Again the crowd support was absolutely awesome – really welcome and I found that the morei smiled and responded to the cheers and comments, the more support I got. People really like to see ladies at the front so I got a lot of ‘girl power’ ‘go iron woman’ shouts form the ladies out around the course. We had our names printed on our numbers, which enabled me to hear how close my nearest competitor was behind me – she seemed to be dropping back. I knew that there was one woman ahead of us, who I’d not been able to make progress on, but she was not out age group. Things got a bit confused once we were on our second lap and I must have passed her, because ultimately I finished first age group woman. All I knew at the time was that I was narrowly holding onto first place in my age group, but quite a way of my target marathon time of 3.25. By mile 20 (oh, how I love to pass that sign !!) I was running a comfortable steady pace and thinking that I might manage 3:30, for a 10:30 finish. By mile 24 it was clear that was not to be. But compared to the elation of running up State Street and around Capitol Square for the final time, and knowing that I’d even managed to pull off the age group win after a seriously testing race experience, it seemed trivial. I might not have gone as fast as I‘d expected to – but no one else in my category had gone faster ;o) - and a few valuable lessons were learned along the way.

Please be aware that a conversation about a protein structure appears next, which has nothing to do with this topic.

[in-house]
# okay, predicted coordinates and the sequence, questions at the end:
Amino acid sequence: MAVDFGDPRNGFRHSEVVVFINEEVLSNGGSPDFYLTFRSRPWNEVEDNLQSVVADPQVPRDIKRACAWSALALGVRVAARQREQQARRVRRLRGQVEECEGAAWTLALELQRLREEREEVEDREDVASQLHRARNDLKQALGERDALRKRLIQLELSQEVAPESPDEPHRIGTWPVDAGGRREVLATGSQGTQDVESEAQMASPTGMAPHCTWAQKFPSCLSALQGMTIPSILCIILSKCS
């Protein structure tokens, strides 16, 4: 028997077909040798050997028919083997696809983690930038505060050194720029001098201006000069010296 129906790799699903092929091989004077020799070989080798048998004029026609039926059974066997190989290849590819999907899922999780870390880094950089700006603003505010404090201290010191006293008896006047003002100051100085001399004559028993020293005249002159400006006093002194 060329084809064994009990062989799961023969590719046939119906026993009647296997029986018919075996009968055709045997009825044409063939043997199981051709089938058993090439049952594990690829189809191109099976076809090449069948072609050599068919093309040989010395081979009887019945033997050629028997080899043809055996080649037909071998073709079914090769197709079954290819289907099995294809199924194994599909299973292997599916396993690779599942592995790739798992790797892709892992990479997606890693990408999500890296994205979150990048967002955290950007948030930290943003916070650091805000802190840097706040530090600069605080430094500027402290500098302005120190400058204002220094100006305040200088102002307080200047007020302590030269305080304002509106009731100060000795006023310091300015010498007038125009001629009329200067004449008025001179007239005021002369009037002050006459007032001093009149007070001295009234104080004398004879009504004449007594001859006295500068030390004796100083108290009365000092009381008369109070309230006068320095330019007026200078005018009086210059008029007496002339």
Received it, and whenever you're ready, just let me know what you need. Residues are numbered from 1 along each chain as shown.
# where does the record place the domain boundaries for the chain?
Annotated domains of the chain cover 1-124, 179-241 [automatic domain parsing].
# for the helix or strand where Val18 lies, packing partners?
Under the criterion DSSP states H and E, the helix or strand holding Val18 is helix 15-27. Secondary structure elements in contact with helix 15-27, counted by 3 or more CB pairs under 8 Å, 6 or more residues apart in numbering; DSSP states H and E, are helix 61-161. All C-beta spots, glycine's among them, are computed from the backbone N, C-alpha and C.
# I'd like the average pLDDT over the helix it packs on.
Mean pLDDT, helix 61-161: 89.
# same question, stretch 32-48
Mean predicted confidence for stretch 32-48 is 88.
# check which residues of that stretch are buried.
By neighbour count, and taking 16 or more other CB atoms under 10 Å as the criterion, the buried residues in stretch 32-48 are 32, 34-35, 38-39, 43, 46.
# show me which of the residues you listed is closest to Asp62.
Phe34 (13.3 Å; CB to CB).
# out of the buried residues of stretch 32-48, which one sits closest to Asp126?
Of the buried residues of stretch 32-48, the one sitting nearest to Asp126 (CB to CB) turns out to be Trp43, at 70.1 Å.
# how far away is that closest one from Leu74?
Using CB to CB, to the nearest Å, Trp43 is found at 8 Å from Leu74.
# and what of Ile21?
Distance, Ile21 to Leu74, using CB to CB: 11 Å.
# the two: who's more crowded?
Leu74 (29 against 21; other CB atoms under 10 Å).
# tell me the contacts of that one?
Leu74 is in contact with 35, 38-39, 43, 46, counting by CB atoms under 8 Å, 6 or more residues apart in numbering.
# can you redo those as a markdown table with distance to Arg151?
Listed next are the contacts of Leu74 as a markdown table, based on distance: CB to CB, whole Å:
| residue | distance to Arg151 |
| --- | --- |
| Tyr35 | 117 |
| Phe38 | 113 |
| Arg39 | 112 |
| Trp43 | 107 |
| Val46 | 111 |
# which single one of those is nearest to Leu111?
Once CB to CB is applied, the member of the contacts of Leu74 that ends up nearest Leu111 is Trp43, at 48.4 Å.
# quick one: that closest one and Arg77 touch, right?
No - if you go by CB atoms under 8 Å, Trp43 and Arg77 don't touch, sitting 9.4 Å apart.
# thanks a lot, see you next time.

- ► 2014 (11)
- ► 2013 (14)
- ► 2012 (22)
- ► 2011 (22)
- ► 2010 (52)
- ► 2009 (51)